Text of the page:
Ten visitors so far. The last couple spent two full minutes in the studio, actually examining some of the works and commenting to each other. They even took a second look at the framed Beaver Lake photograph that I hope to sell (as it was not inexpensive to produce). They commented that it didn’t look real, i.e., it looked more like a painting (apparently a good thing for a landscape photograph). I give the credit to the Hahnemühle watercolor rag paper it was printed on.
The first visitor to pick up one of my business cards. “The colors are arresting,” he says, but I’m not sure whether he was talking about the photographs or the two paintings I have on display. The paintings are not getting a lot of love — I’m wondering if it’s because they are on easels right in front of the desk where I’m sitting. Of course, it could be that they are not “arresting” enough. Ah well.
I have moved my “WTC – NYC – USA” watercolor commemorating September 11, 2001, into the hallway next to my door. That might help bring in some of the people who walk past my open studio door but for whatever reason decide not to come inside. Like the couple who just now passed by. Hey folks, there’s no radioactive decay products in here.
Visitor count is now 18. My most engaging visitor so far has been Lulu, a fourth-grader who tagged along with her mother this afternoon, while her mother is helping another artist here at Riverview Station. Lulu, who likes to sketch pencil portraits and shuns colored pencils, took a good look at the photographs and the paintings. She asked me how I got the lines so straight on my painting and I revealed to her the secret of masking tape. I asked her what kind of paper she used, and she replied, notebook paper. I then asked her if she ever used toned paper and showed her a pad of it I bought for my drawing class. She hadn’t used it before, so I started to rip out a few sheets from the pad to give to her. Then I had a better idea, and I gave her the pad and kept the few sheets I removed from it.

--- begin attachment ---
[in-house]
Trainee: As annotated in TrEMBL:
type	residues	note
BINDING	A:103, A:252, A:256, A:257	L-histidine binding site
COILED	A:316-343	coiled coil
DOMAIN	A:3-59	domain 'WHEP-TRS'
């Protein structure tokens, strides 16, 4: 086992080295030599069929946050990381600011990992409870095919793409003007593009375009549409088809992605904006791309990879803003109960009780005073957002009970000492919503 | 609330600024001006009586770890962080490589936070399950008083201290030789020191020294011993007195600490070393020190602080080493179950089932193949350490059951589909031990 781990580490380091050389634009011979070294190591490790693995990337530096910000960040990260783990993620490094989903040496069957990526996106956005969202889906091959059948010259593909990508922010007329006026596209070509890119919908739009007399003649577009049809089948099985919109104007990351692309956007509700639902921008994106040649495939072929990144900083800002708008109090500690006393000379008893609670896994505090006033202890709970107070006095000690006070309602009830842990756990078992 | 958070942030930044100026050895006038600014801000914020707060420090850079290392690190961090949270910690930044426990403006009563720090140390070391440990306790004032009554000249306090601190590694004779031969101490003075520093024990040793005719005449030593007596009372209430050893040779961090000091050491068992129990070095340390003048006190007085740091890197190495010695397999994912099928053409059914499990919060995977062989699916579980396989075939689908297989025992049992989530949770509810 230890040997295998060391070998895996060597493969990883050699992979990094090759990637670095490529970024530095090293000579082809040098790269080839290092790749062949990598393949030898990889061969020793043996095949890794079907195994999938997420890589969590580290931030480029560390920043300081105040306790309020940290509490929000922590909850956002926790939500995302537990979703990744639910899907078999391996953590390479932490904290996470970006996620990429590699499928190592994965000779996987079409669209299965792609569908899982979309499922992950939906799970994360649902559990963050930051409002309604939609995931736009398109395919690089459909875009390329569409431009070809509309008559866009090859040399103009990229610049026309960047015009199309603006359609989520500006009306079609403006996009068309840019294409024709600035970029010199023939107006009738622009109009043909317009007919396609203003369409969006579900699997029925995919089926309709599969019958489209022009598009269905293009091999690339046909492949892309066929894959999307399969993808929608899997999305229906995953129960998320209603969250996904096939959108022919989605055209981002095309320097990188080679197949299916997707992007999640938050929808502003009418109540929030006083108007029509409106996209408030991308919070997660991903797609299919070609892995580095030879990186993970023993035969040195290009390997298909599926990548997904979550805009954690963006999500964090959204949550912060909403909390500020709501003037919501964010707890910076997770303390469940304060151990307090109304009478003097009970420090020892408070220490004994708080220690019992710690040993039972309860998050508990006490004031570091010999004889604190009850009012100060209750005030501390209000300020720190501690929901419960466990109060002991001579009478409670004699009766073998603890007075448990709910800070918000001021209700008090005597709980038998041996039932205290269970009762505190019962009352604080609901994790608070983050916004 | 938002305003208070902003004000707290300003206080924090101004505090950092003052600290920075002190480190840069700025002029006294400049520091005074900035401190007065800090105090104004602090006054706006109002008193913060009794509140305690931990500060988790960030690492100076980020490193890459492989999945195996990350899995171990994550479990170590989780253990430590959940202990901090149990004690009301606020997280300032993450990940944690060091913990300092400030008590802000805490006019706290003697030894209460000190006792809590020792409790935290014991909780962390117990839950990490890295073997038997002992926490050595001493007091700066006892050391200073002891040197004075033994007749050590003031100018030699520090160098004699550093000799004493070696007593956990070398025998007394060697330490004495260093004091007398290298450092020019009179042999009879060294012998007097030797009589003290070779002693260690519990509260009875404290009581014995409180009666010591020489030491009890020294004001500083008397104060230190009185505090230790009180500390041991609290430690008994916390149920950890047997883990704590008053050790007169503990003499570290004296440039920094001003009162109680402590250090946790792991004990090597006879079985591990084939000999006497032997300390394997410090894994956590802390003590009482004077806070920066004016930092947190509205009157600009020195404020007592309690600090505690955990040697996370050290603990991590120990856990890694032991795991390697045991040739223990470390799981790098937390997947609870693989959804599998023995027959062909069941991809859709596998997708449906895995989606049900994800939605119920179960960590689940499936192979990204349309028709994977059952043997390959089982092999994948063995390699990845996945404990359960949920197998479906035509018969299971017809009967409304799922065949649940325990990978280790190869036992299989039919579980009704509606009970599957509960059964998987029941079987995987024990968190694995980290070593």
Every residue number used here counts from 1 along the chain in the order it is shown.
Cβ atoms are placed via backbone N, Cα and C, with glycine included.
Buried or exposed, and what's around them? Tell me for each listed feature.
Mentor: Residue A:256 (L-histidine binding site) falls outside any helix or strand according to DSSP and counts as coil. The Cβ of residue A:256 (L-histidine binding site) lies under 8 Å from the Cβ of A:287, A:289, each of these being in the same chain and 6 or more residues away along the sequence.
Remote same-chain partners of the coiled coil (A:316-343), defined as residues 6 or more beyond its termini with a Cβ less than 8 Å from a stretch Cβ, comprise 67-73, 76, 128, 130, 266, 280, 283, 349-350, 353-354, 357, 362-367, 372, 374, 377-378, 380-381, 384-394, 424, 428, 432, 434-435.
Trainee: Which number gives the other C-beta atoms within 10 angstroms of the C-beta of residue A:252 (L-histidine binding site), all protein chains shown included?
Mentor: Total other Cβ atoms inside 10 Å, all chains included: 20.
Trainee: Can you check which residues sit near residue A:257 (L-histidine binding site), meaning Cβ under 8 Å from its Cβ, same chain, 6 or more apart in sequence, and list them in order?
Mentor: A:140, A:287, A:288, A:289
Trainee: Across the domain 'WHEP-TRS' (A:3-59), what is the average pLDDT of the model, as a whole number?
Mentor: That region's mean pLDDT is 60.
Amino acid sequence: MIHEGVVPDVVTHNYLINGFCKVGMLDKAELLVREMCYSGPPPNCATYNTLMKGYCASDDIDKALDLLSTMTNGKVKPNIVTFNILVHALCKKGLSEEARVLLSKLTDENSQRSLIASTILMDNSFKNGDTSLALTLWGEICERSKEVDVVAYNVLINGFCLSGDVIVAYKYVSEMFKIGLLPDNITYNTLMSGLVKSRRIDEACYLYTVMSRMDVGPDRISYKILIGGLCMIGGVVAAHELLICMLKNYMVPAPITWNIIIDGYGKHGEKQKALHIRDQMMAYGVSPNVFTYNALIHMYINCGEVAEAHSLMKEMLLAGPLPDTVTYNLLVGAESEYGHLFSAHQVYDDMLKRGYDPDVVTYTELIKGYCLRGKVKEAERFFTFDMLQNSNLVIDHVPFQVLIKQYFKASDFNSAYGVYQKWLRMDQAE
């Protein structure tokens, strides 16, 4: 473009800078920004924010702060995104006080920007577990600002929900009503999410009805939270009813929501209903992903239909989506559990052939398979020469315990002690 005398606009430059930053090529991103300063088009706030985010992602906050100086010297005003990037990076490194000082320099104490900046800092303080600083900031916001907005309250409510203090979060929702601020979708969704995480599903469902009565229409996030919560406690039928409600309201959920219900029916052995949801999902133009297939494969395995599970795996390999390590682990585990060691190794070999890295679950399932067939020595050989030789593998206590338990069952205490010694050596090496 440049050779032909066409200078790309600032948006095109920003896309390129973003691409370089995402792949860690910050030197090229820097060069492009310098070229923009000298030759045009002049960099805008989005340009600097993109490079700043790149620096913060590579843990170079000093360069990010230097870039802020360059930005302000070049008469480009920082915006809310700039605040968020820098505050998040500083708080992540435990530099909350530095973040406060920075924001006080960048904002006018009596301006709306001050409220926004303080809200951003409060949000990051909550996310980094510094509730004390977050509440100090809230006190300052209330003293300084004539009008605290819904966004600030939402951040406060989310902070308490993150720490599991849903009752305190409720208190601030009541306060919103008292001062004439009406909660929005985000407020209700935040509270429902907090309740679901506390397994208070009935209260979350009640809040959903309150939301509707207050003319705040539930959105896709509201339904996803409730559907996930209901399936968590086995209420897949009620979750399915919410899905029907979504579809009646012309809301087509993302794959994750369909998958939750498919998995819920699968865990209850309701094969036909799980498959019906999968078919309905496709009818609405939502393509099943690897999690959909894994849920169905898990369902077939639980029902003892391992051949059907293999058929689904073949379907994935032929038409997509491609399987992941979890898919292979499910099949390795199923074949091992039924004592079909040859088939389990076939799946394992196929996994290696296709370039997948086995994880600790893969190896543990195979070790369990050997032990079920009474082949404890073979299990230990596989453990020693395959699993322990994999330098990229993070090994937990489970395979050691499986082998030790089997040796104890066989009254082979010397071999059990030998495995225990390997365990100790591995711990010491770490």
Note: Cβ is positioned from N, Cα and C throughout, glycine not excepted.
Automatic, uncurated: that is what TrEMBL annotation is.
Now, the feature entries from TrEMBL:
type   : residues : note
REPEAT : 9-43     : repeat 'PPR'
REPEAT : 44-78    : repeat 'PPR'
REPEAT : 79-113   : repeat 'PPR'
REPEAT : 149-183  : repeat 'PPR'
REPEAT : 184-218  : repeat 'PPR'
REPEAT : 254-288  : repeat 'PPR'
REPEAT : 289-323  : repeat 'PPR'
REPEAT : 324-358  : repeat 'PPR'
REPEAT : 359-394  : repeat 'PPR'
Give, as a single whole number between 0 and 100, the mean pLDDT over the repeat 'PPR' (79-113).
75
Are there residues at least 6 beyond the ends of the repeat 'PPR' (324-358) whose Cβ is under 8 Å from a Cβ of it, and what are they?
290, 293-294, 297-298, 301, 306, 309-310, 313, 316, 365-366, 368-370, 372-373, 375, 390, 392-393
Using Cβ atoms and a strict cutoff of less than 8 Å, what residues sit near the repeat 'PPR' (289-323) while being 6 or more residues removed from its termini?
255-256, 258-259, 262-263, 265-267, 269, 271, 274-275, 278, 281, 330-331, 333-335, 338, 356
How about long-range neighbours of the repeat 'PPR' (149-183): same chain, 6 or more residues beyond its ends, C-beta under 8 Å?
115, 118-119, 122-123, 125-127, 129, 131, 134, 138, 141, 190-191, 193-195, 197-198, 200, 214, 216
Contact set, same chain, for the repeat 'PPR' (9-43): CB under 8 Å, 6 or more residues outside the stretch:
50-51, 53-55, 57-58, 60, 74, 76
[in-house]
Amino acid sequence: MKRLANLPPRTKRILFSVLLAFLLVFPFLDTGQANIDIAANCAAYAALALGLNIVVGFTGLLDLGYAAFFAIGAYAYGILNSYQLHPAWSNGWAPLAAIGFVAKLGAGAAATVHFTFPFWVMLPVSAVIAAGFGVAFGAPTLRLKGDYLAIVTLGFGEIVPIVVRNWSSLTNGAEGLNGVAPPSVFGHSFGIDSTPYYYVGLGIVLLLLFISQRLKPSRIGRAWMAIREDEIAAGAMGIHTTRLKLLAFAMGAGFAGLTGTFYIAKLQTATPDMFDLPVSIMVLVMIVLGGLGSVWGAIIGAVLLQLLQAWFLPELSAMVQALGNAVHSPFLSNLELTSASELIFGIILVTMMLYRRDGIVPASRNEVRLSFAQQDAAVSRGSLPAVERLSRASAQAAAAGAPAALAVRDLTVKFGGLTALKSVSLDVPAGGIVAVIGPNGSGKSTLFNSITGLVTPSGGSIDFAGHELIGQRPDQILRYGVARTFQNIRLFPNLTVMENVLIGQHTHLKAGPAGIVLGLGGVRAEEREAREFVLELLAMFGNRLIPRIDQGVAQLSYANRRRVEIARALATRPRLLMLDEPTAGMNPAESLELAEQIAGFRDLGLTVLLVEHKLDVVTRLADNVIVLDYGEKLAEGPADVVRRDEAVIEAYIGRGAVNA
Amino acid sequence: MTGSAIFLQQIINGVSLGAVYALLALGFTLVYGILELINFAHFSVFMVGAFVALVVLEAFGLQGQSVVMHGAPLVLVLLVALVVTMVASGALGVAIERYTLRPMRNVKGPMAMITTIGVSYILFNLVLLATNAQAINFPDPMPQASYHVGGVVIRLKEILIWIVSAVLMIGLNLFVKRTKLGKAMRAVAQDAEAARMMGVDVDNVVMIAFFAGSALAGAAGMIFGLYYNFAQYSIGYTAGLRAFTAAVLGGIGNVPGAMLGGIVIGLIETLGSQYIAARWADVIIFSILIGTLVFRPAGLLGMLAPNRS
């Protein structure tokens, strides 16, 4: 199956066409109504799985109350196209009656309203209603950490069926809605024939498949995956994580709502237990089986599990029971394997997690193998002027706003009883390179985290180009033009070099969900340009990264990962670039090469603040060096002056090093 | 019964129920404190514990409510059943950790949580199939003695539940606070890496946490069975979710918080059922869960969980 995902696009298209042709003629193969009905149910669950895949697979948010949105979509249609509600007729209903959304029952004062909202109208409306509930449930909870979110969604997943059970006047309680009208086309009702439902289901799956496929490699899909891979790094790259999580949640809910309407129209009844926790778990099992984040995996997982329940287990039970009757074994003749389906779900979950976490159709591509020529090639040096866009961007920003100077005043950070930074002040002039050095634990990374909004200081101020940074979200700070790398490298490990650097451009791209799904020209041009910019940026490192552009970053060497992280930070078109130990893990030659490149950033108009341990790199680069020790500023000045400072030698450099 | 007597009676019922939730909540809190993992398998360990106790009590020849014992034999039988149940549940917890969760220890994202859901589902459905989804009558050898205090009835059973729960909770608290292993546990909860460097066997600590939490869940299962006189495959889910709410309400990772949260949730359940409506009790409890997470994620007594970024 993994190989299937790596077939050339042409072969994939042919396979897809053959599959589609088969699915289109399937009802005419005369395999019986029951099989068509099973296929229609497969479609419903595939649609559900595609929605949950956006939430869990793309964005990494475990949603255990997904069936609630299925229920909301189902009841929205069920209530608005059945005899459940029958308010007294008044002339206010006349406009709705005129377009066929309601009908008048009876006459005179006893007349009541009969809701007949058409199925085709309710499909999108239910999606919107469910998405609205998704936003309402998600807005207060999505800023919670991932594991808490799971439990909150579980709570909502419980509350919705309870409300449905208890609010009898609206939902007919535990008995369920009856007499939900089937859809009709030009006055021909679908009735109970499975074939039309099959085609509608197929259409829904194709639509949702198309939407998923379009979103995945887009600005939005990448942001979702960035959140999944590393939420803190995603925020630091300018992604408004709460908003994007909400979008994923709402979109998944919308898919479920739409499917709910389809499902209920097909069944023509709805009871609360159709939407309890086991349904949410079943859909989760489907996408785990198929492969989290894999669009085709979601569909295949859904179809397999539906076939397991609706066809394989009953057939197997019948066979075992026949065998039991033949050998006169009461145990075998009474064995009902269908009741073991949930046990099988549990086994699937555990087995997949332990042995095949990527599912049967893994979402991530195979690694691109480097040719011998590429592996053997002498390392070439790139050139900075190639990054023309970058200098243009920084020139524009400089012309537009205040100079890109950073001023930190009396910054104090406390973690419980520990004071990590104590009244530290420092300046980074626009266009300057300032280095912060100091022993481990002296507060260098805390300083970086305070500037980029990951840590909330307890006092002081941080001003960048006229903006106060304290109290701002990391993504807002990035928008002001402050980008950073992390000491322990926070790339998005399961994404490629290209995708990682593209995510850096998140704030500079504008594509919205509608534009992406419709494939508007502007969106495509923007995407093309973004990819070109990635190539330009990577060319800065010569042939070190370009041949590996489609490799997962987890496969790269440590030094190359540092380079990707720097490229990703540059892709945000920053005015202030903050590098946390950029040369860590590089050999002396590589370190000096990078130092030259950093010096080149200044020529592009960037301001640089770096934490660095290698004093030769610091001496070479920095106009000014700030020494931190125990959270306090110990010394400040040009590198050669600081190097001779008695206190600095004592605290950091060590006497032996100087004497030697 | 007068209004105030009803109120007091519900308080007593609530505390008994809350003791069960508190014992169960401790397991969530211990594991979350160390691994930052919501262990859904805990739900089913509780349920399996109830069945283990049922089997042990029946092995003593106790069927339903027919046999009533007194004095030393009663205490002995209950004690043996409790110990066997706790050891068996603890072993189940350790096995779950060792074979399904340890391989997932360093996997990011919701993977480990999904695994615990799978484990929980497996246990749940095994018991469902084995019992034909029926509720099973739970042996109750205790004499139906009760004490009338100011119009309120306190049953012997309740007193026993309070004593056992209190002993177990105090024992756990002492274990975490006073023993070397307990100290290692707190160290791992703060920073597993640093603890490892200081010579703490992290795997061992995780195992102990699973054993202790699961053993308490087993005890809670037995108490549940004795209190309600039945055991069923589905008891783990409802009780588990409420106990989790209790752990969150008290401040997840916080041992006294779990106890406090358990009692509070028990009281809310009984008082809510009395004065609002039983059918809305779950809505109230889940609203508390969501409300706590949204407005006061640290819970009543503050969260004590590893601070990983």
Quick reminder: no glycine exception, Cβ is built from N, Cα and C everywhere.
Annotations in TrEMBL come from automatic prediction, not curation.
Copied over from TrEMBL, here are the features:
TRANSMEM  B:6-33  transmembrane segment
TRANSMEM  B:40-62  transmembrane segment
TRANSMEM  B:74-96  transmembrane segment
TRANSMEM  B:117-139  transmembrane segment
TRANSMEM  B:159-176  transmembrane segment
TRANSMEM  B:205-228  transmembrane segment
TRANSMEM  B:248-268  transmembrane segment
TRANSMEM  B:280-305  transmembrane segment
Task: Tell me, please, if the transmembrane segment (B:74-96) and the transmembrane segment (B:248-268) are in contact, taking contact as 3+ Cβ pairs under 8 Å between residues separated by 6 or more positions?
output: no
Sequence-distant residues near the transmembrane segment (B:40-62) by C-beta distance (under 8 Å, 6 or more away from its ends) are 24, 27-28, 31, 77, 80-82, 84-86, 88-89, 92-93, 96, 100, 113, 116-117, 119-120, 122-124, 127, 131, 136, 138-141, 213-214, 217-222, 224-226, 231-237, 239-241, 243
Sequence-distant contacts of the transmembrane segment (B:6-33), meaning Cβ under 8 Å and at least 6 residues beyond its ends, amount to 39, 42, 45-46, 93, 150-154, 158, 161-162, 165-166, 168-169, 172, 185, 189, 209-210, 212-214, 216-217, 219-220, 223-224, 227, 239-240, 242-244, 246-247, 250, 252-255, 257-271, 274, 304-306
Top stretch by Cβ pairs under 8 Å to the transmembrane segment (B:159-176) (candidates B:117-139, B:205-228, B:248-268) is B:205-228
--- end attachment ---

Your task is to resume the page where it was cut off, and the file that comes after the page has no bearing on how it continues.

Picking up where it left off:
I also gave Lulu a few pieces of chalk and charcoal to experiment with. I told Lulu that if she made a drawing she was really proud of, we could show it on the wall the next time we have a studio stroll. I meant it.
Twenty-two visitors so far, counting Lulu as one visitor even though she has come back to the studio two more times to show me the progress she has made on her drawing. About a third of the visits have lasted less than 15 seconds. It’s like speed-dating art.
Looking out the window of my studio, it isn’t simply “partly cloudy” outside, rather it is full-blown overcast. I feel sorry for the thousands of people who are out there enduring the cloudy weather rather than basking in the warm glow of the art on display here in the studio. The visitor count is now twenty-eight, with one person bringing her husband back for a second look at my “Pisces” photograph.
I have growing doubts that I will have need for those invoices I printed yesterday, nor the singles, fives and tens I have been amassing on trips to the grocery store, in anticipation of having to make change. I’m having a Maytag Moment.
Four o’clock, forty visitors. Several have expressed interest in the “Pisces” photograph. The last couple to visit noticed the Steelers mug that I use as a pencil cup, and that started a little conversation. The man was born in Johnstown, Pennsylvania and went to college at the University of Pittsburgh. Nice people.
If I had sold something, anything, I obviously would have mentioned it by now. I am thinking of making an early exit to pick up the pizza we are planning to have for dinner.
Oh yes, the soft jazz piano gave way a couple of hours ago to Mae Moore, Sarah Harmer and The Beatles. I’ll hold off on Zappa until tomorrow.
Calling it a day after 48 visitors. My last two visitors (three, if you count Baby Annabelle) were our friends Rachel and Brian, who made good on their promise last night to visit me at the studio. Friends like that are nice to have. See you all tomorrow. You too, Lulu.